Can I Sue Convenience Stores or Gas Stations?
Yes, you may be able to sue a gas station convenience store for any number of reasons. These can include slipping on a wet floor, getting food poisoning, or being mugged on the premises. Most claims against a convenience store would be based on state negligence law.
Where you bring your claim depends on what happened to you. If your injuries are substantial and you have big medical bills, an experienced personal injury attorney could advise you about your rights and represent you in court. But if you weren't hurt that badly, you may be able to bring your claim on your own in small claims court.
Convenience Stores Are Everywhere
In the United States, there are more than 150,000 convenience stores. They conduct 165 million transactions a day. That's one per day for every two Americans. Annual sales at U.S. convenience stores approach $650 billion. That's more than the gross domestic product of Taiwan.
Fast-food restaurants and gas station convenience stores also team up to buy or lease property and operate next to each other. According to the Wall Street Journal, pairing up saves money and lures more customers inside. For example, Amoco and McDonald's have an alliance, and other franchises (including KFC, Burger King, Taco Bell, and Wendy's) have followed suit.
Where there are people, however, there can be problems.
You Can Be Hurt at a Gas Station Convenience Store
Suppose you fill up your tank at a gas station. There's a McDonald's inside. You're hungry, so you decide to grab a Happy Meal for take-out. As you go to fill your drink cup, you slip on some melted ice on the floor and fall, breaking your arm and getting a concussion. When you come to, you are livid. And in a fair amount of pain.
This slip-and-fall example illustrates just one of the ways you can be injured while at a gas station convenience store. Others include the following:
- You could get food poisoning from either packaged or prepared food.
- You may be injured by a dangerous foreign object in your food.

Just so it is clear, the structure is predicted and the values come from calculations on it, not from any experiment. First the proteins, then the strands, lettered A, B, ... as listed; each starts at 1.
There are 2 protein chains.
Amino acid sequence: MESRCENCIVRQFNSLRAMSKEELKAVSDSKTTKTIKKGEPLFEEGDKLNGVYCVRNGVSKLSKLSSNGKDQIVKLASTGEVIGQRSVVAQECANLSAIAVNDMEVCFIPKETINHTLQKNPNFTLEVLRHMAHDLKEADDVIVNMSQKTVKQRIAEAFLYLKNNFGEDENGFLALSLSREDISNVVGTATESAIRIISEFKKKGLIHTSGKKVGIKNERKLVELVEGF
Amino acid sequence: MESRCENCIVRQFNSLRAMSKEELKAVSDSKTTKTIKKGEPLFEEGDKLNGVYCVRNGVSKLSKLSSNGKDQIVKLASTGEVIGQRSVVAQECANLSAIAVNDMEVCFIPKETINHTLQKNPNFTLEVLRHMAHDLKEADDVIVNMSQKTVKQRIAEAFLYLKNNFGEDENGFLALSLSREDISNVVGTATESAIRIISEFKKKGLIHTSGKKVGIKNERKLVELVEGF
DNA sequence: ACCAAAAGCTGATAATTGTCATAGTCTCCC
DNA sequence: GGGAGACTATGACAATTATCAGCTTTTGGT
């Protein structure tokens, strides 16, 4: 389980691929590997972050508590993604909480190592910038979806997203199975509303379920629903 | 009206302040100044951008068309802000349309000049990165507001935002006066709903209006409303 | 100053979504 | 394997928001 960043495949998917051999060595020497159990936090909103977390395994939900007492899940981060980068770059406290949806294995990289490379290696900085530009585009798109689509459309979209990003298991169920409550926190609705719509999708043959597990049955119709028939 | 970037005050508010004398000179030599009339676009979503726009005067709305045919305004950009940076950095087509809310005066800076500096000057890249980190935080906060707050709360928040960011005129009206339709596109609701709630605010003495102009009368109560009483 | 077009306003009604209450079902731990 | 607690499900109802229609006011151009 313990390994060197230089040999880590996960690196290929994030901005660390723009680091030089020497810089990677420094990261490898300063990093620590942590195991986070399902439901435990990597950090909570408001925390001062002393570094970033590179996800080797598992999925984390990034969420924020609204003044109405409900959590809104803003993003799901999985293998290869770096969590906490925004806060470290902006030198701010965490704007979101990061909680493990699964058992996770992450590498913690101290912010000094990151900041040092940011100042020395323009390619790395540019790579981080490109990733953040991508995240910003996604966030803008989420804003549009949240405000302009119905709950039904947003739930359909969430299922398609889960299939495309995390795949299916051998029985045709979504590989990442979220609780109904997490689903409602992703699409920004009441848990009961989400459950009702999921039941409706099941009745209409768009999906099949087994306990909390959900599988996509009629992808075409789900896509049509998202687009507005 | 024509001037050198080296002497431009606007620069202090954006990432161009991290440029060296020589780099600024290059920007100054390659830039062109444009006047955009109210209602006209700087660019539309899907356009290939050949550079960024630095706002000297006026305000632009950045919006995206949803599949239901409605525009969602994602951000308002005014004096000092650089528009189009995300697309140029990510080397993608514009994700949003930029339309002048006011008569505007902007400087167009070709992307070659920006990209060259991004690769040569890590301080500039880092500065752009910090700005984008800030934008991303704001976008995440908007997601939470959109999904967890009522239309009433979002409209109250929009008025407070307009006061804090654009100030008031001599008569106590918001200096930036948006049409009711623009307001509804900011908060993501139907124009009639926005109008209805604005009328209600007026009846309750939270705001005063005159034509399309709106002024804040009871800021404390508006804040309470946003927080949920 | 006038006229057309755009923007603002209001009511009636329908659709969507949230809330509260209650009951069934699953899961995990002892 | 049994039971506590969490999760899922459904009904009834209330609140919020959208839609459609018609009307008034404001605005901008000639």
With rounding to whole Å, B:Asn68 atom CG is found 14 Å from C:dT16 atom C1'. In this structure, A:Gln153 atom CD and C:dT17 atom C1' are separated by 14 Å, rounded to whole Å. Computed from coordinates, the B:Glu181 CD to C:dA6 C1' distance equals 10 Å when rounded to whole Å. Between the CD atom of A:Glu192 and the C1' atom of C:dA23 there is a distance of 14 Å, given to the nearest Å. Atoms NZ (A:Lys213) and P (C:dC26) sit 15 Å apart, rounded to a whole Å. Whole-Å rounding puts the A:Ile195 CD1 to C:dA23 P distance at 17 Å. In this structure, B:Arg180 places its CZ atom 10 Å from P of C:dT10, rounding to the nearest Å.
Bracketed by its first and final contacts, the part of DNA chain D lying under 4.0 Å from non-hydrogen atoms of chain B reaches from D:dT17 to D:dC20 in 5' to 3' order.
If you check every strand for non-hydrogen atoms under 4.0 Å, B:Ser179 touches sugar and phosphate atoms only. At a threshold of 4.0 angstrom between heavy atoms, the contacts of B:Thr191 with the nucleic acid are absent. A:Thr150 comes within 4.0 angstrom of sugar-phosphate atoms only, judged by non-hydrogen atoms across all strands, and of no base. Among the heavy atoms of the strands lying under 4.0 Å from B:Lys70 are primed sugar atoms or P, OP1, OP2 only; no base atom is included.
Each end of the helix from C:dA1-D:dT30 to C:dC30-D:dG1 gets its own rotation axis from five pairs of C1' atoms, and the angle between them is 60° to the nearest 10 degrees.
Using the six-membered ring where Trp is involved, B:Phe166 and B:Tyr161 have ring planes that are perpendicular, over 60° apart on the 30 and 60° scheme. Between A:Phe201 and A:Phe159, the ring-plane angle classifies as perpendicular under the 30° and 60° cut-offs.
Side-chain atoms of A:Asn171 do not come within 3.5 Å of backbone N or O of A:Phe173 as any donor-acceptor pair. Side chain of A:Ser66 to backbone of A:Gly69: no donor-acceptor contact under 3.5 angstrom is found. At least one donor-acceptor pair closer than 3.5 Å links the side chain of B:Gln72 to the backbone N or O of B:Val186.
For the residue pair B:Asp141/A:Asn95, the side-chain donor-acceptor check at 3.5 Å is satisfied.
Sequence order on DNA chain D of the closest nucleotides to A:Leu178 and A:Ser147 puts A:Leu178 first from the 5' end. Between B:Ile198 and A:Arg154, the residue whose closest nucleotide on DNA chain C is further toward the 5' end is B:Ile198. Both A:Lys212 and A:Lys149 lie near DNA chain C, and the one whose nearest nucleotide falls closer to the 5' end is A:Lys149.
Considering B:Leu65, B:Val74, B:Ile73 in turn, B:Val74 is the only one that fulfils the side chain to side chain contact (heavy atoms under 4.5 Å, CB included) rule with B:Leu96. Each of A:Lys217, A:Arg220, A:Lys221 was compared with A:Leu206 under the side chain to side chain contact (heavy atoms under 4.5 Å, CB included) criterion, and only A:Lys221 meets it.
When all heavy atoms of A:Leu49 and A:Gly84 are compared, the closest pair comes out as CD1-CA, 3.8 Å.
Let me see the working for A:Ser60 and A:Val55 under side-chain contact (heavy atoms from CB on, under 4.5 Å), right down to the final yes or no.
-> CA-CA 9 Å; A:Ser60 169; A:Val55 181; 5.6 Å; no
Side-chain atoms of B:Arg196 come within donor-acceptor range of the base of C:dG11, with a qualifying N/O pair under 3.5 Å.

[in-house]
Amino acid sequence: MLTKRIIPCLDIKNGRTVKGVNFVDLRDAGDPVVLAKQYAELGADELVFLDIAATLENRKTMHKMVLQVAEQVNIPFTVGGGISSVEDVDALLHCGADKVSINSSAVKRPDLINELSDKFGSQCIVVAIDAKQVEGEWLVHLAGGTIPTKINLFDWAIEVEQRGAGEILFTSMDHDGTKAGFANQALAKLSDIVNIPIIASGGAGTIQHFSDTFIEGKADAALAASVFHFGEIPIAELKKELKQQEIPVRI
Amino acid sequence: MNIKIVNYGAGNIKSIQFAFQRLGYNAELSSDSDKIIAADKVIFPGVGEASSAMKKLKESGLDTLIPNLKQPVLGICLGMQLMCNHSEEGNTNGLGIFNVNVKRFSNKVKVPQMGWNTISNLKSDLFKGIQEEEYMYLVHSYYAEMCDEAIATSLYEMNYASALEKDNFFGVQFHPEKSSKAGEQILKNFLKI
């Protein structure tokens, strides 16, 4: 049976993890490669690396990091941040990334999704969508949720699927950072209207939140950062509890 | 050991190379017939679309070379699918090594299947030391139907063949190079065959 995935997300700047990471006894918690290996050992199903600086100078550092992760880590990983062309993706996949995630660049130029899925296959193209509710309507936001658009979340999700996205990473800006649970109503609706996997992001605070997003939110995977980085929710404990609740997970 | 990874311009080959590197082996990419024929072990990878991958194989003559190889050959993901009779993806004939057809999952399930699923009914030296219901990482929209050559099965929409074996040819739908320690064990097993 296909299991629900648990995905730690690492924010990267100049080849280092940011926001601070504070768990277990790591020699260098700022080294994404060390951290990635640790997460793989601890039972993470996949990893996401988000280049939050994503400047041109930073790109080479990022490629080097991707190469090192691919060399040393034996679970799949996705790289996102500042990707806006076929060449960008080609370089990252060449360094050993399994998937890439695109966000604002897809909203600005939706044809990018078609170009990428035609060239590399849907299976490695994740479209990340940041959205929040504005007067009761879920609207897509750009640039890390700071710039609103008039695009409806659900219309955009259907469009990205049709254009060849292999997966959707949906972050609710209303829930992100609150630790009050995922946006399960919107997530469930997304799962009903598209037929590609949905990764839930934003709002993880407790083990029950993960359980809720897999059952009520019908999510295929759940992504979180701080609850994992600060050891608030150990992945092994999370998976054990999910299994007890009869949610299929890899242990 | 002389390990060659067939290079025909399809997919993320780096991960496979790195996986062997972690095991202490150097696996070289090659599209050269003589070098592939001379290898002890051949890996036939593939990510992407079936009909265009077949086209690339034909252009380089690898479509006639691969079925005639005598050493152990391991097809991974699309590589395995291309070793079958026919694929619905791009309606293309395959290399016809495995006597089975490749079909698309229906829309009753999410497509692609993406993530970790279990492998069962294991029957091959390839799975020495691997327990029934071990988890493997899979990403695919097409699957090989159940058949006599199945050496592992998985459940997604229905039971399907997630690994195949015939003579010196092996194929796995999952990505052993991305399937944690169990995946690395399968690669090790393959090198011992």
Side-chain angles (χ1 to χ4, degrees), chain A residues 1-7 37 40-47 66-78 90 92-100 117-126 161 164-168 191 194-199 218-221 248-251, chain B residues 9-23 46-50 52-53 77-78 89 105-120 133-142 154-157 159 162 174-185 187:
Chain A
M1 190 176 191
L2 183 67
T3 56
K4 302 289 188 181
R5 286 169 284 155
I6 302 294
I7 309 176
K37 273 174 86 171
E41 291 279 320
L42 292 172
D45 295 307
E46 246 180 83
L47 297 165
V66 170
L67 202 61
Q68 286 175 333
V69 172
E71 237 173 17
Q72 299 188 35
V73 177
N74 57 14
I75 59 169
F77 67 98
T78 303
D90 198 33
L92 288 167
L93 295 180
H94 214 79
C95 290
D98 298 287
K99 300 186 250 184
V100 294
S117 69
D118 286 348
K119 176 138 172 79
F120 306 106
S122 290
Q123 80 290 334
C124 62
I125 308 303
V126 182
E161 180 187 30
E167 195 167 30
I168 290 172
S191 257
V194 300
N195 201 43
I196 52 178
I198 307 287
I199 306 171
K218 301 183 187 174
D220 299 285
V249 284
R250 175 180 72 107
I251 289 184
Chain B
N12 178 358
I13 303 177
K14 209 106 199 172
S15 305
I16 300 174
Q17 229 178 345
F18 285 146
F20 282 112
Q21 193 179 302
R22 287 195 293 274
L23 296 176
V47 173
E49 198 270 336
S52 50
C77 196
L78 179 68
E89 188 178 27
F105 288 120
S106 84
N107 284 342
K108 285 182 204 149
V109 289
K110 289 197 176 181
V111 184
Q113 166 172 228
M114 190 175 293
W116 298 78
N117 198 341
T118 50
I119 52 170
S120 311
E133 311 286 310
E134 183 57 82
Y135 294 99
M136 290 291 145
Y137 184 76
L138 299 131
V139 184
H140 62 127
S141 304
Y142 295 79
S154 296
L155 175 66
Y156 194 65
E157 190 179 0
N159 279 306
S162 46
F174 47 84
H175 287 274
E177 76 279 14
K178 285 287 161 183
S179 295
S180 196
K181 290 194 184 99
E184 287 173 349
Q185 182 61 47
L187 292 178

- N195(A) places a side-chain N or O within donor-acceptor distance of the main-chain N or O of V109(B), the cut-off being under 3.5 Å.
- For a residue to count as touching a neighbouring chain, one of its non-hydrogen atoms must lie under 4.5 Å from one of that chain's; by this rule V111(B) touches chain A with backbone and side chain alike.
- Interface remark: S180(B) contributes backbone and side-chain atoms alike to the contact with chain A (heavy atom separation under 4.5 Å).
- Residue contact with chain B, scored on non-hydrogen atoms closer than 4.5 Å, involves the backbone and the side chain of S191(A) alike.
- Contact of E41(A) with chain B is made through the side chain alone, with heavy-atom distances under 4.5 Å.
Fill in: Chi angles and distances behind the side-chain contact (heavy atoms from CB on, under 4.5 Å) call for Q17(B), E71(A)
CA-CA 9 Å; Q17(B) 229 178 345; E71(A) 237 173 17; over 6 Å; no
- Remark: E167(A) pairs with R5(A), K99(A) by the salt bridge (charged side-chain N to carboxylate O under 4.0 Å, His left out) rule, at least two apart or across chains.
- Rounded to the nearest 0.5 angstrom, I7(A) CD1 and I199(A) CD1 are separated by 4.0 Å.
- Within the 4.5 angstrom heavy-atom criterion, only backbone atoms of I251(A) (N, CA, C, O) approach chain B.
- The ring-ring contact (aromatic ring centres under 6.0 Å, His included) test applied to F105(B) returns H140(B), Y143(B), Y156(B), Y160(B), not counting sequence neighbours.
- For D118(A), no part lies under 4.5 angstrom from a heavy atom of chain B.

- You could be a victim of a crime while in the parking lot or in the store.
- You could get rear-ended while in the drive-through.
Any one of these experiences could be highly distressing. If something like this happened to you, you may be considering filing a lawsuit against the store. Well, you may have a claim.
Let's start at the top. If you want to sue someone, you have to have a claim. As varied as the reasons can be for your lawsuit, virtually all of the possibilities set out above would be brought under state negligence law.
Negligence is defined as conduct that falls below the standard of care required by the law for the protection of others against unreasonable risk of harm. To show negligence, you generally need to prove four elements:
The first element of a negligence claim is duty. A duty arises when the law recognizes a relationship between two parties that requires them to act in a certain manner. Put simply, you owe a legal duty when the law says you do.
A judge decides in any given situation whether a duty of care exists. They make this determination based on the circumstances and what any similar court cases may have said about it.
Although the factors vary from state to state, courts typically consider the following:
- The foreseeability of the harm
- The degree of certainty that you suffered an injury
- The closeness of the connection between the challenged conduct and your injury
- The moral blame attached to the conduct
- The policy of deterring future similar harm
- The burden of bearing the duty
- The benefit to the community of recognizing a duty to act in a particular situation.
The second element is breach of that duty. Someone breaches a duty of care if they fail to act as a “reasonably prudent person" in the same or similar circumstances.
The term “reasonably prudent person" defines the legal standard. It represents how an average person would responsibly act in a certain situation. If the average person could have foreseen that someone might be hurt as a result of the challenged actions, those actions will likely be found to constitute a breach of duty. The breach issue is resolved by the jury, not a judge.